Plants compete for the same resources, such as nutrients, light and water. Because these resources are often limited, the coexistence of plant species requires the creation of trade-offs in resource use. In this issue, Harpole et al. report that increasing a limited nutrient in grassland can eliminate these potential trade-offs, reducing overall species diversity (W. S. Harpole et al. Nature 537, 93–96; 2016).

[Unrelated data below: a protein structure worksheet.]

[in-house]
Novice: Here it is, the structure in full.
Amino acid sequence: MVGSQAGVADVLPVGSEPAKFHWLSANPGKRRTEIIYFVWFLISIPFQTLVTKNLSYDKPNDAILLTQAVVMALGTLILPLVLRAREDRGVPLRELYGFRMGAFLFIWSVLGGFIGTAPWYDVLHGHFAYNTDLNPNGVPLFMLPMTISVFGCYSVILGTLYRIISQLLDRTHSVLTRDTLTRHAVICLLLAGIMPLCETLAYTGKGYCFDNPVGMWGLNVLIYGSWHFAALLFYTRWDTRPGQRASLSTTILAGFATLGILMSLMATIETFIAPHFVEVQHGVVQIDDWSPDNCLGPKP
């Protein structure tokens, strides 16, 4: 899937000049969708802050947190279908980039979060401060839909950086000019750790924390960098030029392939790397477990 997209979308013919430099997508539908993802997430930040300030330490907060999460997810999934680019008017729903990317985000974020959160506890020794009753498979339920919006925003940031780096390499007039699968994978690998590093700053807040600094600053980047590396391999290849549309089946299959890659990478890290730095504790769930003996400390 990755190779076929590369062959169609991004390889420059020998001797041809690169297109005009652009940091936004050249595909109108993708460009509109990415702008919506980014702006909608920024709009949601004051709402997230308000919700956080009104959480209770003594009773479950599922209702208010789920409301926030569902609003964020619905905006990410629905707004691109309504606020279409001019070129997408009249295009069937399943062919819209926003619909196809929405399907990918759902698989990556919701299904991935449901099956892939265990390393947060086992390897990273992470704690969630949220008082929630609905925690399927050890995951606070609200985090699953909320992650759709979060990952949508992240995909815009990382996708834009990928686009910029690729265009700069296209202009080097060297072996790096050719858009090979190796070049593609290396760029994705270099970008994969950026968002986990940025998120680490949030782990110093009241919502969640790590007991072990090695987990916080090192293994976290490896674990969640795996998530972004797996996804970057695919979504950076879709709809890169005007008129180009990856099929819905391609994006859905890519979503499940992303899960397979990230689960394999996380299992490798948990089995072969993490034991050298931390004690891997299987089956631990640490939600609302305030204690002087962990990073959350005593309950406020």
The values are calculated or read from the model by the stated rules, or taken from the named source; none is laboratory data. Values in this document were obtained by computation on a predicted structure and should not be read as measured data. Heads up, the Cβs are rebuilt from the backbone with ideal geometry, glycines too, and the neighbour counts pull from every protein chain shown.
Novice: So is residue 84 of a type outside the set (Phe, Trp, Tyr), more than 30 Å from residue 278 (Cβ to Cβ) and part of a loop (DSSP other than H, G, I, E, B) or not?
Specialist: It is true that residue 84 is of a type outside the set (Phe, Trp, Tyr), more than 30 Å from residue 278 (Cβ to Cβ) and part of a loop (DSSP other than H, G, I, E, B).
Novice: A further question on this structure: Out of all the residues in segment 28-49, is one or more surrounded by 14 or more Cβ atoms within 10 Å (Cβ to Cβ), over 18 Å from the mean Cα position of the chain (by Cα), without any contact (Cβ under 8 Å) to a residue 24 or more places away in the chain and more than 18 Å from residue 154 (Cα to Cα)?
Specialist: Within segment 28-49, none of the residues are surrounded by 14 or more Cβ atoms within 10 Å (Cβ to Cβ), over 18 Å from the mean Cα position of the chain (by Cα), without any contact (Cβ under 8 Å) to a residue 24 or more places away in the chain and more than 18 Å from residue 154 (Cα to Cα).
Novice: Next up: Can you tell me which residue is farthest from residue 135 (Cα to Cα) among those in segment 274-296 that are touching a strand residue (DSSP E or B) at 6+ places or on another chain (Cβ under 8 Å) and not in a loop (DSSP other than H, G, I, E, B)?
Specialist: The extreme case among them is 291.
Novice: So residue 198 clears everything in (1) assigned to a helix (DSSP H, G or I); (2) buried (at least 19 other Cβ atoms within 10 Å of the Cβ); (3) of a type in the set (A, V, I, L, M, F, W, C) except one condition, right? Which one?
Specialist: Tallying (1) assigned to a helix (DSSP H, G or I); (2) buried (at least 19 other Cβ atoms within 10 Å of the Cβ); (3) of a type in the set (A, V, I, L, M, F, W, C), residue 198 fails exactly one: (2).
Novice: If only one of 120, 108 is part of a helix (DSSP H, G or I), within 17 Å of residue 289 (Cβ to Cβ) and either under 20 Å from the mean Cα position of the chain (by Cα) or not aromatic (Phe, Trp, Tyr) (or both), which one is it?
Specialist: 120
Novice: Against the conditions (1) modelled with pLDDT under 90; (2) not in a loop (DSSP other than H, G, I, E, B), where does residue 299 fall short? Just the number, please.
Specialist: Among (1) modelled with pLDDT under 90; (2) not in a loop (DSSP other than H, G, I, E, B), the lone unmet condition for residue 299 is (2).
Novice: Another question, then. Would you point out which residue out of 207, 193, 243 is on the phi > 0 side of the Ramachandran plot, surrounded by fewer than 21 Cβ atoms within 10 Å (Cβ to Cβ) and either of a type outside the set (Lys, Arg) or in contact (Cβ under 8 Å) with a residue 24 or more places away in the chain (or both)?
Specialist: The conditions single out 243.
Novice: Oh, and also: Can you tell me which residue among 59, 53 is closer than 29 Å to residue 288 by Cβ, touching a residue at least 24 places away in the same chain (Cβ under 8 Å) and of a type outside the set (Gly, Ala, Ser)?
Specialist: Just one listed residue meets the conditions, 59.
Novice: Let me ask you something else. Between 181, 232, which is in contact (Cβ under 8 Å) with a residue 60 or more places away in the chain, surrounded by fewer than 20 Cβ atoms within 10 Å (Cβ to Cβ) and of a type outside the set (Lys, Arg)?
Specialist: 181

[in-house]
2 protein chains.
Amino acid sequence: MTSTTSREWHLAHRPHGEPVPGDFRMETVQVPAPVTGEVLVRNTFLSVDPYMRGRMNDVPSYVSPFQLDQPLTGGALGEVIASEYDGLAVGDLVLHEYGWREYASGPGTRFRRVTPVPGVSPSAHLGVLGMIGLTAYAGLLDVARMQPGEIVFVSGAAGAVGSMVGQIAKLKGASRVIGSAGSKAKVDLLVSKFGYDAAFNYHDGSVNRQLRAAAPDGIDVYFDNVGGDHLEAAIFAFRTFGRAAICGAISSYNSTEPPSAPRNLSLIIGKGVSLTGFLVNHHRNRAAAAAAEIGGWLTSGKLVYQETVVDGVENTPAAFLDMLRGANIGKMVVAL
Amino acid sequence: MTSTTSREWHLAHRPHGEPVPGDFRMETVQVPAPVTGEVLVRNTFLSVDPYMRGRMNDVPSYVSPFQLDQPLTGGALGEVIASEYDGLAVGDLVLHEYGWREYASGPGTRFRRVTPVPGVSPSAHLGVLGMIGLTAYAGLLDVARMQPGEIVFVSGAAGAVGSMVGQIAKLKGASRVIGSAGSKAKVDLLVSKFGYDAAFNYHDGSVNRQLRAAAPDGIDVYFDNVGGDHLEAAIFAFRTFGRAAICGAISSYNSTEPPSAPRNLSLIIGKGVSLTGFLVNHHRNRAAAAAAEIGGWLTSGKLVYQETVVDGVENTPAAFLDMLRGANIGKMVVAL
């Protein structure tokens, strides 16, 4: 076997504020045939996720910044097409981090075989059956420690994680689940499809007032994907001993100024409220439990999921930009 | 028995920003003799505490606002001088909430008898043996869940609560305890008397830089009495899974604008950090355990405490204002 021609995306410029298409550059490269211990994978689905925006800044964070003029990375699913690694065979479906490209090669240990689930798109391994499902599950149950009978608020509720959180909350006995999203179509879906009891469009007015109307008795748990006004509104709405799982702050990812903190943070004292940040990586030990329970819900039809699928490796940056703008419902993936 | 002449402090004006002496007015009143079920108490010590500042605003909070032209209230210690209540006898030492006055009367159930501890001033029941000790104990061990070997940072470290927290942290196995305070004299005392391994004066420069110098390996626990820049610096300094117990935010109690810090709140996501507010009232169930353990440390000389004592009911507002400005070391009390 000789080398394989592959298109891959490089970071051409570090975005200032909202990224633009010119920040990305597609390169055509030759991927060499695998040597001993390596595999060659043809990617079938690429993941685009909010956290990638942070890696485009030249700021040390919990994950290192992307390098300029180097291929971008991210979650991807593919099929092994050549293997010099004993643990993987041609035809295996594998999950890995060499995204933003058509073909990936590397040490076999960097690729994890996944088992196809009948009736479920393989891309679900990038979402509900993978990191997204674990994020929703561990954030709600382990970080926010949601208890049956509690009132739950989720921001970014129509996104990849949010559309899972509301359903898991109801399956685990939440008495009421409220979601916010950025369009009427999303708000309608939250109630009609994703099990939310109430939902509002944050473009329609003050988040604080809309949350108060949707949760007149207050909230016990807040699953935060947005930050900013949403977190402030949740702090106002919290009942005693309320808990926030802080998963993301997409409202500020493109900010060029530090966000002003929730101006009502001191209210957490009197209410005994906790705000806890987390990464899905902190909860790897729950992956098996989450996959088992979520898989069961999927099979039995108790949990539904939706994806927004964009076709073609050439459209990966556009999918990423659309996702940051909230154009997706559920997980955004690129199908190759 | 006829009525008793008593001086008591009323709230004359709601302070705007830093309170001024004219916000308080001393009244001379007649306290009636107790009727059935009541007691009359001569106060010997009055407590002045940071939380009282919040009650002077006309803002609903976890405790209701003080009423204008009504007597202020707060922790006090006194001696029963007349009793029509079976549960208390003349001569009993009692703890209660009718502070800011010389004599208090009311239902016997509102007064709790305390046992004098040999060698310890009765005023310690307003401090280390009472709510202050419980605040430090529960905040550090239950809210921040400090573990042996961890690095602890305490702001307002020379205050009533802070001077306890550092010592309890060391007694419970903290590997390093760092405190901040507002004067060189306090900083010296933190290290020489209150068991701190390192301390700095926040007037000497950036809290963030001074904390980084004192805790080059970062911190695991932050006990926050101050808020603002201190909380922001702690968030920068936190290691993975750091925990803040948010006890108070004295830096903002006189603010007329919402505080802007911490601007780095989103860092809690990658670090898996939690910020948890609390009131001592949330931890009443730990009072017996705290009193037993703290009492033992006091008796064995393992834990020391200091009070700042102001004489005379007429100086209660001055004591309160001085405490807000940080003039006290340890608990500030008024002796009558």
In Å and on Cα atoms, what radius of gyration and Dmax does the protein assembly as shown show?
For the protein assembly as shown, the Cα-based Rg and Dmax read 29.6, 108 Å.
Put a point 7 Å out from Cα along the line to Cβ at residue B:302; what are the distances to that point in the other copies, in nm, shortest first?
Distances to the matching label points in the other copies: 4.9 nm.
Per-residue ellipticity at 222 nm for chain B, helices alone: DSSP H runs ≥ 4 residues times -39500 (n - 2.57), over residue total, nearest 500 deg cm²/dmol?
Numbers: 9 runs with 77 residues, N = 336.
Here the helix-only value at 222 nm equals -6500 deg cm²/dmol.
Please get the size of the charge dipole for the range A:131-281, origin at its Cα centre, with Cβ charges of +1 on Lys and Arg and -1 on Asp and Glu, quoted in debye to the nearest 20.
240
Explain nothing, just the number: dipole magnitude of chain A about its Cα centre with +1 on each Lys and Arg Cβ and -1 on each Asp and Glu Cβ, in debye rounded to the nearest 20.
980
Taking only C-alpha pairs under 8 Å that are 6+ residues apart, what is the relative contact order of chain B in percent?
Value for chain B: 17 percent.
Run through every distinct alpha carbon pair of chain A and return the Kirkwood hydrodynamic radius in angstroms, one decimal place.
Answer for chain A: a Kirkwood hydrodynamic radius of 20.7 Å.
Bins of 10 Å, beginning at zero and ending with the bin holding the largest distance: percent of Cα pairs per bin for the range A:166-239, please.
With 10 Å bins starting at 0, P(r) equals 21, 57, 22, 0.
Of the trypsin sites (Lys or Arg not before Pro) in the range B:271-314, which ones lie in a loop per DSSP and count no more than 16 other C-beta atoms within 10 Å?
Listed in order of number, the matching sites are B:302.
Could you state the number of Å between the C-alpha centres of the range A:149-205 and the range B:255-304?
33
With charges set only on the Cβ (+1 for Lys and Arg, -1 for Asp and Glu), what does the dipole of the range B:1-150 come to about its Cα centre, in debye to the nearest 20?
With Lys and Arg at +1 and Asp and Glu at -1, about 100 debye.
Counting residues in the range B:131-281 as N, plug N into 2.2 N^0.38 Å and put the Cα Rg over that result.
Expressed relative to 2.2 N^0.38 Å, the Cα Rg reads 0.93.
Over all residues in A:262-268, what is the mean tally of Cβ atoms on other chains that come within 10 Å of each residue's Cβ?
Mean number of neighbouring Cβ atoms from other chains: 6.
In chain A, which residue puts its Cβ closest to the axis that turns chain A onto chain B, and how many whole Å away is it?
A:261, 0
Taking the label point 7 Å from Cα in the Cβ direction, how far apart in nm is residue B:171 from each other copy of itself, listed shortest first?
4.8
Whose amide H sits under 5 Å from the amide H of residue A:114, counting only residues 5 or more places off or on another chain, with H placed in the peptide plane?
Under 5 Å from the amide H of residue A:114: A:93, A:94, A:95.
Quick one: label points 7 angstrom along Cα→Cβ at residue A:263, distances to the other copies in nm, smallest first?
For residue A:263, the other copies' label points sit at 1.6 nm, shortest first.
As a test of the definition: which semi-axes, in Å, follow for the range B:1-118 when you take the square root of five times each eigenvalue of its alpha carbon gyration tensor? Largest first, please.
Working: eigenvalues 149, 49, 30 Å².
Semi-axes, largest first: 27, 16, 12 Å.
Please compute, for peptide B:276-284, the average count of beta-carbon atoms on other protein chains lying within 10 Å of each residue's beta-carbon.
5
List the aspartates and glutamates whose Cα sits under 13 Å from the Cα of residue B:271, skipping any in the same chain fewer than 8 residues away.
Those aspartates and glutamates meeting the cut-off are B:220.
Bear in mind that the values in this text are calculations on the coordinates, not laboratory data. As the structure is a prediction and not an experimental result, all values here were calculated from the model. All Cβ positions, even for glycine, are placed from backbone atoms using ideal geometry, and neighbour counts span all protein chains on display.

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The authors considered 45 grassland sites across 6 continents, and measured species diversity in response to various nutrient additions. Their results provide strong evidence for a broad ecological theory — that the availability of multiple limiting resources allows plants with different limiting requirements to coexist.

The greater the number of limiting resources that were added, the more species were lost, although productivity and turnover improved. The researchers argue that, by understanding the mechanisms by which diversity is lost, we might develop strategies for restoring and preserving Earth's biodiversity. Footnote 1